which our sources are extremely clear that kings had adolescent boys as their servants,
whereas queens had women and adolescent girls.
It is possible to be more specific. Plutarch in the second chapter of his Life of Alexander gives
a colourful account of Olympias and her women. He writes that these women participated in
Orphic rites and Dionysiac orgies with the queen and were called Klodones (possibly
spinners or cacklers) or Mimallones (men imitators).
Polyaenus 4.1, in a story about Argaeus, an early king of Macedon, writes that the Klodones
were priestesses of Dionysus, who became called Mimallones after Macedonian virgins
carrying the wands of Dionysus were mistaken for men in a battle. Plutarch also tells us that
Olympias kept serpents that would often rear their heads out of the mystical winnowing
baskets of her Klodones to terrify the men.
The word that Plutarch uses for these baskets describes the type of basket that is
carried on the heads of the Amphipolis caryatids. Therefore, on the assumption that the
Amphipolis tomb is that of Olympias, the explanation for the caryatids would be that they
represent those Klodones that shared in Orphic rites with the queen whose tomb they guard.
Ostensibly, the lion from the monument that once stood atop the tomb mound at Amphipolis
as shown in Figure 5 is a problem for the identification of the tomb as that of Olympias. Some
have argued that it might be a lioness as no penis has yet been found belonging to it. But this
is difficult, because it has a very definite mane, an attribute exclusive to male lions. However,
the second chapter of Plutarchs Alexander answers this point too, for he tells the story of how
Philip, Alexanders father, dreamt that he put a seal bearing the device of a lion on the womb
of Olympias whilst she was pregnant with Alexander.

What better symbol, therefore, to proclaim the tomb of the mother of Alexander the Great
than the device on the seal under which she became his mother? And it is a truly monumental
lion standing 5.3m tall, the biggest of the lions from early Hellenistic tombs and far bigger
than the lion that stood (and now stands again) on the battle site of Chaeronea.
It must at any rate have marked the tomb of an exalted individual and there are not so many
that qualify within the period defined by the excavators.

Figure 5. The lion and its reconstructed monument as it stood atop the tomb mound at
Amphipolis
Another objection to the candidacy of Olympias is the fact that Diodorus 17.118.2 accuses
Cassander of having left her unburied at the spot where she was murdered by the relatives of
her own victims.
However, there is nothing to say that this was not a temporary indiscretion and indeed it has
generally been assumed that either Cassander or Olympiass relatives and supporters must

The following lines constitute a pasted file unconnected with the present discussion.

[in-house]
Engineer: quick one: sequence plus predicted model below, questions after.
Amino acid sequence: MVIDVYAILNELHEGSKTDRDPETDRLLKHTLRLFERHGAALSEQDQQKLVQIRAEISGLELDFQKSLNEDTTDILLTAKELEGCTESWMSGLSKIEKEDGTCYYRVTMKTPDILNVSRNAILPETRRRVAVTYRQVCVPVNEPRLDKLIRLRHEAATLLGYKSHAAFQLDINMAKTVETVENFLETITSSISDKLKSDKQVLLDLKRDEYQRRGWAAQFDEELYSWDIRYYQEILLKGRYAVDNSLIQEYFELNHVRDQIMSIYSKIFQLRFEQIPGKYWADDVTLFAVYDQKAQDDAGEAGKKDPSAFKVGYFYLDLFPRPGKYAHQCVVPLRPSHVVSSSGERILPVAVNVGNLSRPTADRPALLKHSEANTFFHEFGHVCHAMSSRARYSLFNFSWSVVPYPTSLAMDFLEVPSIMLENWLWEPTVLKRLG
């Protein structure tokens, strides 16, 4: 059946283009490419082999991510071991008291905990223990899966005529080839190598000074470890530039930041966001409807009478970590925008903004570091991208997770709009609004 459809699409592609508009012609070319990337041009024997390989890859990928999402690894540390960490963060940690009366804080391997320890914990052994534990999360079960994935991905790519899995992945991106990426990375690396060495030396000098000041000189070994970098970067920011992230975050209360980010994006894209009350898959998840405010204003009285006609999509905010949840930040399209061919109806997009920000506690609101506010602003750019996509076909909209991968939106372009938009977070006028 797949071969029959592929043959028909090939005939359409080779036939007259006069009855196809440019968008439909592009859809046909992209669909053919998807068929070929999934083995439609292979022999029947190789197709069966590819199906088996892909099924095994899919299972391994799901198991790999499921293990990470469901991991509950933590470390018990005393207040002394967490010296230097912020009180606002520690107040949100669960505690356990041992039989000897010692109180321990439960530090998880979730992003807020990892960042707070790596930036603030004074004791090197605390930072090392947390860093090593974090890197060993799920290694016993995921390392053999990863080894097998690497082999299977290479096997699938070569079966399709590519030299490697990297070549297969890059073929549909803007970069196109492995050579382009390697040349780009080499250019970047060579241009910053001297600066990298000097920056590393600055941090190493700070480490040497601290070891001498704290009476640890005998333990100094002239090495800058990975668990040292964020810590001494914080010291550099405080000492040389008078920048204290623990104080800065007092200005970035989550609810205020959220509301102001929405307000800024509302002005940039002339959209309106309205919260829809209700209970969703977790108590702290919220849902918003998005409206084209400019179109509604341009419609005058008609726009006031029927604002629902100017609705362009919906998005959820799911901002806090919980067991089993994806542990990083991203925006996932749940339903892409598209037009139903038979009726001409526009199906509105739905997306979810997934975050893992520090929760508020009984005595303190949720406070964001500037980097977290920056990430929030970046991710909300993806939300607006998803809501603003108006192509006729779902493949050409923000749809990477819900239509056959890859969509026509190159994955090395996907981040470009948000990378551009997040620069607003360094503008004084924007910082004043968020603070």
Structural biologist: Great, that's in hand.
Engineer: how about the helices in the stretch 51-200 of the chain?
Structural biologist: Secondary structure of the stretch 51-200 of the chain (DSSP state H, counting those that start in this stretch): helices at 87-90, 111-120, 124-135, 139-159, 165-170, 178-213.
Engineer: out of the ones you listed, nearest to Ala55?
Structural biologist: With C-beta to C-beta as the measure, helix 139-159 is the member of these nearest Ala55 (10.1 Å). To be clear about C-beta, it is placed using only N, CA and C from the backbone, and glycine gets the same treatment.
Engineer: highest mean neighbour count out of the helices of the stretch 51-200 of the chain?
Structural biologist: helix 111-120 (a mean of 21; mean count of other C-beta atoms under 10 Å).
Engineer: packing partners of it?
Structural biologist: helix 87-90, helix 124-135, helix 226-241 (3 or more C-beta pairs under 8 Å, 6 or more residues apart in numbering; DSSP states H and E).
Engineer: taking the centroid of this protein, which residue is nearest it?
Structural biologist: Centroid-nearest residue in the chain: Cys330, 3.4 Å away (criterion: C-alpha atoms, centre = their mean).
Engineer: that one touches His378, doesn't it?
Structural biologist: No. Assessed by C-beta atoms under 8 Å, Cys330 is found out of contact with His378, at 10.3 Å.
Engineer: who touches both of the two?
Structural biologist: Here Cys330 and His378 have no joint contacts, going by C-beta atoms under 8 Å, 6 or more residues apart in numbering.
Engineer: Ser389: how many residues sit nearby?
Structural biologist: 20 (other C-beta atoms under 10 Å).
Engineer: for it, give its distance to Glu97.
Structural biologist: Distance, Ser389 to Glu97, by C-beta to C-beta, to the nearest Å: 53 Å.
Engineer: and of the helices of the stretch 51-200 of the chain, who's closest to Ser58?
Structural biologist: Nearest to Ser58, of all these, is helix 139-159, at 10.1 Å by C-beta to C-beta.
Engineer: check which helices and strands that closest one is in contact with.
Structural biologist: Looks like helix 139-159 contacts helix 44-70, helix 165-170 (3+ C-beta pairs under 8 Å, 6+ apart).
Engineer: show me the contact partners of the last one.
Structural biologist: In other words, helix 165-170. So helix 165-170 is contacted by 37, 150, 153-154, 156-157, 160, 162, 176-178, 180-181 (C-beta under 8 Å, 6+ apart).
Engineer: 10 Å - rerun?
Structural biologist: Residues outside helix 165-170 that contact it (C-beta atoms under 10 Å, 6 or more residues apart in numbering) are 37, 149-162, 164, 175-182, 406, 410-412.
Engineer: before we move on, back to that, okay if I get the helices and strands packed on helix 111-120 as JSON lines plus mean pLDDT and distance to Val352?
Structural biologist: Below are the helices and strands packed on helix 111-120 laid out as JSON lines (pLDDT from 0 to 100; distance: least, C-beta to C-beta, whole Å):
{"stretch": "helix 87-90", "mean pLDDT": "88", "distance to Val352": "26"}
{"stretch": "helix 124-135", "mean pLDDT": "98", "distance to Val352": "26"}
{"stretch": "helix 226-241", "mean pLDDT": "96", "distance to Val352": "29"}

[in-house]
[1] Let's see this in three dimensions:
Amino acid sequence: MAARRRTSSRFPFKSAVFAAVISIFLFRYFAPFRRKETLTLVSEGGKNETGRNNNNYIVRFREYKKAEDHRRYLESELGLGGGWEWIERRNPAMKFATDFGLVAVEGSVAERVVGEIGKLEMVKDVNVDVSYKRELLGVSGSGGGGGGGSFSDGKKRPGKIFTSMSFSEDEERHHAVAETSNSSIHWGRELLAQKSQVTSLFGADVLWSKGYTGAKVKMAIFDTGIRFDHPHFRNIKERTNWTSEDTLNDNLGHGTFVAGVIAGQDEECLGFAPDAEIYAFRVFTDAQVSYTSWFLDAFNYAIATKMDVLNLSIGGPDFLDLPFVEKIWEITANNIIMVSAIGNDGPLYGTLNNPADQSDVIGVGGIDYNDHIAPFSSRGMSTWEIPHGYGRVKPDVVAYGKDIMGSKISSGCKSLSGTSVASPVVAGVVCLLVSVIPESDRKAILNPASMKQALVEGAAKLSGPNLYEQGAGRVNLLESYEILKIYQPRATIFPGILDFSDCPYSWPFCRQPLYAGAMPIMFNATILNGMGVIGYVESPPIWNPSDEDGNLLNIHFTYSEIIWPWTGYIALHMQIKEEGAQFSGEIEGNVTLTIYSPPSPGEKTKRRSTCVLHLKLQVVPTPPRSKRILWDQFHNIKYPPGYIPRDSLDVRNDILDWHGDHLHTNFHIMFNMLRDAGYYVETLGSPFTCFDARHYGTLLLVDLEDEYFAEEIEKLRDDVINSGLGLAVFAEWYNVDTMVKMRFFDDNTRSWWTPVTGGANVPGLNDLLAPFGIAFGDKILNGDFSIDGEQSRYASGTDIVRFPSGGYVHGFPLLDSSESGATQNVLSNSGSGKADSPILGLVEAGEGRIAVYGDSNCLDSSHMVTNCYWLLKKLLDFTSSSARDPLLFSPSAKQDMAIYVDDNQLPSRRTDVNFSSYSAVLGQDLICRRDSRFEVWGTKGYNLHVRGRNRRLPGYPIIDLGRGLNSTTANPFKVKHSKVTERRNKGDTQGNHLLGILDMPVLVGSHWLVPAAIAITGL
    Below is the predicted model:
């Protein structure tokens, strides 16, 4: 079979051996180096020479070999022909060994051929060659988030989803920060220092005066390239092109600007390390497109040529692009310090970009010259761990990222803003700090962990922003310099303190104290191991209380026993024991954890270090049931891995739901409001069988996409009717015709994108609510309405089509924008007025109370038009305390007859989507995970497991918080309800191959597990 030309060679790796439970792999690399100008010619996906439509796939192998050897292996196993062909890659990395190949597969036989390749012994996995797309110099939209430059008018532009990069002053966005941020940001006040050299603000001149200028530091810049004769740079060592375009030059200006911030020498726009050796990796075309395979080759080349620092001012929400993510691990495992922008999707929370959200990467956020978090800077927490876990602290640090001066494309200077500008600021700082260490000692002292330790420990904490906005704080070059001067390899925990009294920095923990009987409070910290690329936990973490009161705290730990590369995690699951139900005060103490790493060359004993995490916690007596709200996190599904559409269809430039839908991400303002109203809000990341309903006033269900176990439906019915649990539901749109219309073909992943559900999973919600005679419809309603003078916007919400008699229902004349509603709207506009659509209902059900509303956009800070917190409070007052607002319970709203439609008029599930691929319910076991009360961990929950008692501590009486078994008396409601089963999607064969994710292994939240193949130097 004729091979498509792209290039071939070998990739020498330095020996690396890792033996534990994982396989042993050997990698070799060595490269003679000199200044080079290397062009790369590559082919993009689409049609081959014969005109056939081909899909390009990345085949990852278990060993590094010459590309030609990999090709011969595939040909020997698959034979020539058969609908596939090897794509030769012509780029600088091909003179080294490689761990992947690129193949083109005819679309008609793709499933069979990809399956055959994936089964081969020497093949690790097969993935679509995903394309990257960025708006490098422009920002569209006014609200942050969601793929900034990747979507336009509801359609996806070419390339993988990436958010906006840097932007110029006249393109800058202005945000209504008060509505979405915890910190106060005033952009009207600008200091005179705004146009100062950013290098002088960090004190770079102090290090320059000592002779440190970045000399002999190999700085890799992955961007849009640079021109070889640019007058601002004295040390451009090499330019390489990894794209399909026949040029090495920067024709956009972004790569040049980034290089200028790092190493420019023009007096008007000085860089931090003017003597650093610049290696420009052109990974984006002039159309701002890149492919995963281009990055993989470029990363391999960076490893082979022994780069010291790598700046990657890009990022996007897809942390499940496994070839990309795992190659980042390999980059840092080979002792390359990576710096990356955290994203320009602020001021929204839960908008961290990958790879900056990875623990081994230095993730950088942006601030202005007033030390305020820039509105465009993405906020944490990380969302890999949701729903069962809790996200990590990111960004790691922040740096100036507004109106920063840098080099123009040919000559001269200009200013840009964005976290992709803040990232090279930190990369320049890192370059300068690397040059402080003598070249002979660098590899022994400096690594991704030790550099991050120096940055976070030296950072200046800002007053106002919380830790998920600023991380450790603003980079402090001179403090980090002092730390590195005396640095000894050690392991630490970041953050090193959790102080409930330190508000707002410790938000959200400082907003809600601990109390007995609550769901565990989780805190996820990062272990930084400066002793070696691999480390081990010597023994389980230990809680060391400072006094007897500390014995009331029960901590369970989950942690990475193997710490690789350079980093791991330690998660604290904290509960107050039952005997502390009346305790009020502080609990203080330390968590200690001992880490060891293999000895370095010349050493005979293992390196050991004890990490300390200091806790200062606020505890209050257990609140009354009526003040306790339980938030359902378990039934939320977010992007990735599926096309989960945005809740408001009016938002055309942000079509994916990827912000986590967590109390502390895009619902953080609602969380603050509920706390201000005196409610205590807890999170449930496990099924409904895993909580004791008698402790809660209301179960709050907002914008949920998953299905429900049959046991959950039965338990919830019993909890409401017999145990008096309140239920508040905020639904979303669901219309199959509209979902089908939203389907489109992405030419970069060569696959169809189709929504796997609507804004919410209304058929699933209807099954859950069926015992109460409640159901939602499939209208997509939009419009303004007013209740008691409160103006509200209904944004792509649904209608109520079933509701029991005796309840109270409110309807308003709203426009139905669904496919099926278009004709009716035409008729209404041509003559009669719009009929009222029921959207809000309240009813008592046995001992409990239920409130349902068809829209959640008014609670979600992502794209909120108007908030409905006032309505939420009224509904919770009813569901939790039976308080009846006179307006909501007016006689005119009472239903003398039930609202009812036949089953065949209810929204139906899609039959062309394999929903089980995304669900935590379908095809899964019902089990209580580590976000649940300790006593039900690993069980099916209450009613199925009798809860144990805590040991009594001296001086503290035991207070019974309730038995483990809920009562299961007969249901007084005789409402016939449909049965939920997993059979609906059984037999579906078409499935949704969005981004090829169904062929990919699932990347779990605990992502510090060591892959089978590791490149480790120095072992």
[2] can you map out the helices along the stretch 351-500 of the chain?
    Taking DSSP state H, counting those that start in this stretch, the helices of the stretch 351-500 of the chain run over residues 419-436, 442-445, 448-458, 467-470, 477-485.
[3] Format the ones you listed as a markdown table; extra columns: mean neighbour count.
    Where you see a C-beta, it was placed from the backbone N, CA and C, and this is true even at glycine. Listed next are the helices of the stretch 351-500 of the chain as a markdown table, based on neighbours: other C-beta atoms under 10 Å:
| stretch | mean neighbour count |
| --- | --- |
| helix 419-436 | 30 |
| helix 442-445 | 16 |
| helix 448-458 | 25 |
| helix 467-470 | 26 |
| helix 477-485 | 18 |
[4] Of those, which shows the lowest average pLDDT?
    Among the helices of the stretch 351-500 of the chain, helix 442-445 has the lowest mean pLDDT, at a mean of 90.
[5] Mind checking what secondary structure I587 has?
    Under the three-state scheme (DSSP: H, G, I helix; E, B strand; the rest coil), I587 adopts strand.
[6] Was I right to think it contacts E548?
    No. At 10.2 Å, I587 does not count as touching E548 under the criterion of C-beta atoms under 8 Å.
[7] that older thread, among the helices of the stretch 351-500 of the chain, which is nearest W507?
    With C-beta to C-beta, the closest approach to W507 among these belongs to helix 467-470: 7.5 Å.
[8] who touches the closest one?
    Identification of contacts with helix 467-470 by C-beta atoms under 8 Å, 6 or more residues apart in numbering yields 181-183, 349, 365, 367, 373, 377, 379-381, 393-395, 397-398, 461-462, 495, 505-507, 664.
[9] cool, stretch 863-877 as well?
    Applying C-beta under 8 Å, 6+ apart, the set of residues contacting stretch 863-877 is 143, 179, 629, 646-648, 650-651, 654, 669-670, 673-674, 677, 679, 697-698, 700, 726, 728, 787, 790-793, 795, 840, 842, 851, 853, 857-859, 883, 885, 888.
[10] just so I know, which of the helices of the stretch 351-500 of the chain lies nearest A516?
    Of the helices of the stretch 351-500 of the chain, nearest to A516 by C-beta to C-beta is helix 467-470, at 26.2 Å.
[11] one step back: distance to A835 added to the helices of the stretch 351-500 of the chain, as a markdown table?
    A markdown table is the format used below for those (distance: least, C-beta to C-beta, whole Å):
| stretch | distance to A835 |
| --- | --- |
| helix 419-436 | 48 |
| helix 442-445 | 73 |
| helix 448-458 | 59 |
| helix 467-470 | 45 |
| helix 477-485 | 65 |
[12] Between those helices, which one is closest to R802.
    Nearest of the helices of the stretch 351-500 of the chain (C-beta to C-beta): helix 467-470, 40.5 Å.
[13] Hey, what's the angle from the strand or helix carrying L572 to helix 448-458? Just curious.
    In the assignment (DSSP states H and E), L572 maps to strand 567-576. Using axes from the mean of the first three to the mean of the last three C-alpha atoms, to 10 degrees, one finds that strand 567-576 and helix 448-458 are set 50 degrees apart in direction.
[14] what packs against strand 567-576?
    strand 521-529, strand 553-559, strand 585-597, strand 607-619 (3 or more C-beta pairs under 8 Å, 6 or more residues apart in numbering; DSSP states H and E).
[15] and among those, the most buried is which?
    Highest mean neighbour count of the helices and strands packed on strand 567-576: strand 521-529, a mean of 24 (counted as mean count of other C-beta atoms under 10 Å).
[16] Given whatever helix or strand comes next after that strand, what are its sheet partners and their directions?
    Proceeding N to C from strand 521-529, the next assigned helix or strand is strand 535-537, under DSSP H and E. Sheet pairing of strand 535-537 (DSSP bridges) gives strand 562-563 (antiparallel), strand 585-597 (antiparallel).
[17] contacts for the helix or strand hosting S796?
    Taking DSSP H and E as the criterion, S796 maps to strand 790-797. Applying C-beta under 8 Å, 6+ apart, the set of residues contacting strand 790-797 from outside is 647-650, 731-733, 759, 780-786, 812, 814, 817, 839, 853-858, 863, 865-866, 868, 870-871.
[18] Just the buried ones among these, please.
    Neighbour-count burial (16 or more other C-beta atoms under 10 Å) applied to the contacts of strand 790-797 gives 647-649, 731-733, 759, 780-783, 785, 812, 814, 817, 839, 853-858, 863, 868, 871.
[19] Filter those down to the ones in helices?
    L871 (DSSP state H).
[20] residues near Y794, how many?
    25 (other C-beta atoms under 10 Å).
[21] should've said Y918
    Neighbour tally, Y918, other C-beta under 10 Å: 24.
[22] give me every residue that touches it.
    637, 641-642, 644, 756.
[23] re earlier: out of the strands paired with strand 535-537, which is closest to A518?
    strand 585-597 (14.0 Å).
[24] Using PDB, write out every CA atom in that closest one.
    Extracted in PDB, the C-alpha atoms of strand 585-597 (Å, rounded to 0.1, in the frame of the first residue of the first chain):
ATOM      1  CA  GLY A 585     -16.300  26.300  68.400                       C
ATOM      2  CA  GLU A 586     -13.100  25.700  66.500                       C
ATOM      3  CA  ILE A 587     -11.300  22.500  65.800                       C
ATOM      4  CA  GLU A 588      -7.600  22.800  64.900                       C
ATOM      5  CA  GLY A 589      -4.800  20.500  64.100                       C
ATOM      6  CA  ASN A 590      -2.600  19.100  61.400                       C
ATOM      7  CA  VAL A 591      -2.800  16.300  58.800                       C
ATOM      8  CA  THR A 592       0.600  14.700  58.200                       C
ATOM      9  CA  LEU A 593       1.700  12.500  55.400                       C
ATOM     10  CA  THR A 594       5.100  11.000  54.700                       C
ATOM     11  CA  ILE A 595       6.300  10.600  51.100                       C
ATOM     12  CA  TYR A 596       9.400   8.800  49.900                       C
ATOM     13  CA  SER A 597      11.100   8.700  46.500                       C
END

eventually have arranged the entombment of her remains. There would have been a great deal
of moral and social pressure in Macedonia at the time to ensure that the mother of Alexander
the Great eventually received a fitting burial.
Finally, I was well aware even before I wrote my previous article that there is a paper
published in the journal Hesperia that seeks to infer from fragmentary inscriptions that there
was a tomb of Olympias at Pydna, although no such tomb has ever actually been found in the
vicinity of Pydna.
Its methodology is to fill gaps in these inscriptions in ways differing from the ways the gaps

were filled by the scholars who originally reconstructed their texts and such as to allude to the
existence of an undiscovered tomb of Olympias at Pydna.
I fear however that this paper may say more about the ingenuity of its author in the art of
textual reconstruction than about the true location of the tomb of the mother of Alexander the
Great.
It is unlikely that Olympias died at Pydna, because she died at least weeks after she
surrendered to Cassander at Pydna and Cassander seems to have been nearby when she
died. It is hard to believe that Cassander remained lurking at Pydna for all those weeks, whilst
Amphipolis remained the focus of revolt against his rule.
Neither my previous article nor this follow-up in any way proves that the lion tomb of
Amphipolis is that of Olympias. Nevertheless, I believe I have shown why Olympias remains
the leading candidate with Roxane as a strong secondary possibility.
Literally everything that is currently known supports this hypothesis, whereas other
candidates either conflict with the archaeological dating or fail to provide such satisfactory
explanations of the symbolism inherent in the marvellous statuary of this magnificent
Macedonian mausoleum.
*Andrew Chugg is the author of The Quest for the Tomb of Alexander the Great and several
academic papers on Alexanders tomb.